NSI: Nanotechnology Knowledge Infrastructure (NKI) Data Readiness Levels discussion draft

Subject Area:
NNI Publications and Reports
Author: NSI NKI
Publication Date: May. 9 2013

Description:

A critical aspect of sharing data is an understanding of the maturity or quality of the data. Representatives from the collaborating agencies of the NKI Signature Initiative have developed a nomenclature for communicating the maturity of data. Analogous to Technology Readiness Levels, the Data Readiness Levels provide a shorthand method for conveying coarse assessments of data from experiments or model predictions for use in improving analytical methods and validating or calibrating models, and for comparisons with legacy datasets. Data Readiness Levels (DRLs) are seven graded definitions (0-6) of data quality and data maturity. DRLs provide common, simple descriptors of data quality and maturity. Unlike Technology Readiness Levels (TRLs), DRLs are augmented with metadata qualifiers that enable further assessment, reproduction, or use of the data by others. Metadata vary by discipline, as well measurement or computational considerations. The use of both DRL levels and metadata qualifiers provide a common basis for a peer-reviewed “literature” to support informed data sharing, to augment data citation in print publications, and to accelerate the translation of research to design and manufacture.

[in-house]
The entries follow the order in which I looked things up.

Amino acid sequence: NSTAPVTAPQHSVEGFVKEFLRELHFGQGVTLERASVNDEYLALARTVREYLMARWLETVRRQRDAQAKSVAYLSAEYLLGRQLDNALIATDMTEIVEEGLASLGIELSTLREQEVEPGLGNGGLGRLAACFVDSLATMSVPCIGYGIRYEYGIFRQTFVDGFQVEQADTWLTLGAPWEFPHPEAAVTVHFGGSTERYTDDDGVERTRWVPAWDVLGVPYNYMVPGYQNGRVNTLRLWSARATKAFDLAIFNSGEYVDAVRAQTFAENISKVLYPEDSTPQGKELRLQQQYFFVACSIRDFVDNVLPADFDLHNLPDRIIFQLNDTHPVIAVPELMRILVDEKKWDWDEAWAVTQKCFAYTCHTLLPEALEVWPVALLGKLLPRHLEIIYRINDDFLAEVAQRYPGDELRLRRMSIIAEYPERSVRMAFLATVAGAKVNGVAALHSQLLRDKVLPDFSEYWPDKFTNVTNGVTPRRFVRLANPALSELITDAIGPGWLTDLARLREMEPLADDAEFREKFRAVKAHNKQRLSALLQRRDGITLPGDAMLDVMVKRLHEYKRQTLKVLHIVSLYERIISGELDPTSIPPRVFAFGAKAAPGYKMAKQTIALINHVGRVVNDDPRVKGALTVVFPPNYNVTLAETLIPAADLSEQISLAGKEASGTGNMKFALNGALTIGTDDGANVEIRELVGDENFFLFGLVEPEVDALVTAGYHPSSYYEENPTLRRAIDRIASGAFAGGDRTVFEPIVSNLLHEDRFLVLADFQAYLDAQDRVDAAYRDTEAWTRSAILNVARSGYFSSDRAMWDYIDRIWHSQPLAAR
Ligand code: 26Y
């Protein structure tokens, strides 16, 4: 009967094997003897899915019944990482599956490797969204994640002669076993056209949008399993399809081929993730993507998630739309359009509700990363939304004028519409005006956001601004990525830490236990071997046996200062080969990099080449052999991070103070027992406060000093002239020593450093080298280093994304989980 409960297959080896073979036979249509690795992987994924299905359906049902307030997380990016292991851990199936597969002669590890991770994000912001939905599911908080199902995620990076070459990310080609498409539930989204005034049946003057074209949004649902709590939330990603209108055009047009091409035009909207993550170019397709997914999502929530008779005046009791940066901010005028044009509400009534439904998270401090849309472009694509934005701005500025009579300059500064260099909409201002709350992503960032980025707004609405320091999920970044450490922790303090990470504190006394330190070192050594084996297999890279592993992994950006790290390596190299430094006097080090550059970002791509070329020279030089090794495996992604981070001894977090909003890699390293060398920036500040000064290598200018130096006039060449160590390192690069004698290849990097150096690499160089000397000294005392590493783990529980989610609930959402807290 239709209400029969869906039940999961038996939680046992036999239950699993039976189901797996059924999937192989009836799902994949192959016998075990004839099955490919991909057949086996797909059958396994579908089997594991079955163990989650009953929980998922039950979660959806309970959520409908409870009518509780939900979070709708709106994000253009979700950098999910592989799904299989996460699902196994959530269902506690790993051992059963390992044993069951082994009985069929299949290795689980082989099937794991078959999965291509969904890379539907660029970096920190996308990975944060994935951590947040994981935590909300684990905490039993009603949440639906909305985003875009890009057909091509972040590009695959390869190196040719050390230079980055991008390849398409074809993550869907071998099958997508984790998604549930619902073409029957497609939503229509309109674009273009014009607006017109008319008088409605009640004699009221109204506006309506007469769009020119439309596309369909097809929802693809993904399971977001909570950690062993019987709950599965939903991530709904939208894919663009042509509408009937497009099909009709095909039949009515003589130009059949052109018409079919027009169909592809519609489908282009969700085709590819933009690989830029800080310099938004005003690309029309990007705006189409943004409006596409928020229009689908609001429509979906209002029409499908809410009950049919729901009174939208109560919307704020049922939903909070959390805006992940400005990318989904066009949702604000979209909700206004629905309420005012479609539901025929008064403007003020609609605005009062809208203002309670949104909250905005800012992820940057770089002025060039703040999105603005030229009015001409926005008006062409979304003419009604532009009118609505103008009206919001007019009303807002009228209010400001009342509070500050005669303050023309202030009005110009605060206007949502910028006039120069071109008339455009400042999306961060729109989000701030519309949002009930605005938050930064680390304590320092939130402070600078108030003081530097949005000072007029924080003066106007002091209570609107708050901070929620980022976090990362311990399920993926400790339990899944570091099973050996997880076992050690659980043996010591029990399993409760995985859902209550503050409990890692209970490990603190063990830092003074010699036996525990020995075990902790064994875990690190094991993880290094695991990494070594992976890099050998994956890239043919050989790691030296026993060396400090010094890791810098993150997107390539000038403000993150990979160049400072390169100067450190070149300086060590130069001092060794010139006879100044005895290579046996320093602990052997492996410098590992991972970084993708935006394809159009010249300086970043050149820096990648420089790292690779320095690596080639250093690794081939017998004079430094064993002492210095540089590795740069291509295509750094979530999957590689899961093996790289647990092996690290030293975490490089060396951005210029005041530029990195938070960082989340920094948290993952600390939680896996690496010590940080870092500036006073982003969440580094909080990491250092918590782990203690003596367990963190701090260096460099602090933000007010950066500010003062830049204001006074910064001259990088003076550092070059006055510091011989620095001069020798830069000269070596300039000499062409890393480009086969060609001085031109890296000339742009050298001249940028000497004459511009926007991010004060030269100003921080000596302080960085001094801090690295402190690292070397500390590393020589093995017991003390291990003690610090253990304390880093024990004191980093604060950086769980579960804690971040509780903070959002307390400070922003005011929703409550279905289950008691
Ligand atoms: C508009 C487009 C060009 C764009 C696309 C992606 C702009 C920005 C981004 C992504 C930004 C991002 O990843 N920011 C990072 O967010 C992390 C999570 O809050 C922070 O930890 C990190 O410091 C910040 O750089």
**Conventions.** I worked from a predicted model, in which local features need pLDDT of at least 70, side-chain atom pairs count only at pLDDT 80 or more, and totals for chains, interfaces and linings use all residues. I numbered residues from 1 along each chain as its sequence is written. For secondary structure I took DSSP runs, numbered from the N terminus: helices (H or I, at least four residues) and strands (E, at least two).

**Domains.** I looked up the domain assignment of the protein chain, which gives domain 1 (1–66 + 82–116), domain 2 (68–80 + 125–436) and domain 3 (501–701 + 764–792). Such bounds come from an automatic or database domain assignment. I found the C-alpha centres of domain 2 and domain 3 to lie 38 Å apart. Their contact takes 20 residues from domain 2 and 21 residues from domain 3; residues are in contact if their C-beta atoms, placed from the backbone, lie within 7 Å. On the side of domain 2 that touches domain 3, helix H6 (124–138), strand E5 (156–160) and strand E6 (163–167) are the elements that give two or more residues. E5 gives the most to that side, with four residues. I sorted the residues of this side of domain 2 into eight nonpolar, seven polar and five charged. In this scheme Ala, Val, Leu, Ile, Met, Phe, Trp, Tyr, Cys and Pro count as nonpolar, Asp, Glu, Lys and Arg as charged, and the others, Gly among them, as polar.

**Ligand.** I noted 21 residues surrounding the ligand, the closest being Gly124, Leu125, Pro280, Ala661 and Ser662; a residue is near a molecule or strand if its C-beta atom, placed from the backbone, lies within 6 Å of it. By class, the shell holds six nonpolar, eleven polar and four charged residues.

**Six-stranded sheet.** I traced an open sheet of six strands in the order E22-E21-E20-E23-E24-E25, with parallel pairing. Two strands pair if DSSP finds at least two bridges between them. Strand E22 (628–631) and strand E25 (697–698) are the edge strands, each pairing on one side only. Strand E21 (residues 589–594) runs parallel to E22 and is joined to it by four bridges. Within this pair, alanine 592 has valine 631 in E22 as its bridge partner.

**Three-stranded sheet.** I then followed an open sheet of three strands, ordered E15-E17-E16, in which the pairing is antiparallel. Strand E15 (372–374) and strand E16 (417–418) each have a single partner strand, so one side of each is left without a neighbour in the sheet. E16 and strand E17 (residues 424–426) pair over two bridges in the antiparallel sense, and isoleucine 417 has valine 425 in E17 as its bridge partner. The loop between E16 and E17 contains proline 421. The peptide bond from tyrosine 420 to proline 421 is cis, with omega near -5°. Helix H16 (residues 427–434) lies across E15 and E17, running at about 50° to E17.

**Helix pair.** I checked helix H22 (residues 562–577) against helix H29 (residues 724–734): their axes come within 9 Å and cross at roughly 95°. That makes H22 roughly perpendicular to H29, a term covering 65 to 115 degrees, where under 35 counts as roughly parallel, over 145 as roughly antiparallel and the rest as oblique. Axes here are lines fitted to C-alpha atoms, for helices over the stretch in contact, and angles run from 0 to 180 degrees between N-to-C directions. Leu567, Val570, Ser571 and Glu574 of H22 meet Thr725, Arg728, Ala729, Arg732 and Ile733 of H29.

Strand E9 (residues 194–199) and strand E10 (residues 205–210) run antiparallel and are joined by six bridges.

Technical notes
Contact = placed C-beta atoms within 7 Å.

Nanotechnology Fact

Nanotechnology encompasses science, engineering, and technology at the nanoscale, which is about 1 to 100 nanometers. Just how small is that? A nanometer is one-billionth of a meter. For reference, a sheet of paper is about 100,000 nanometers thick. Nanoscale matter can behave differently than the same bulk material. For example, a material’s melting point, color, strength, chemical reactivity, and more may change at the nanoscale.

Researchers seeking to understand the fundamentals of properties at the nanoscale may call their work nanoscience; those focused on effective use of the properties may call their work nanoengineering. Encompassing nanoscale science, engineering, and technology, nanotechnology involves imaging, measuring, modeling, and manipulating matter at the nanoscale.

Learn more in the Nano 101 section.

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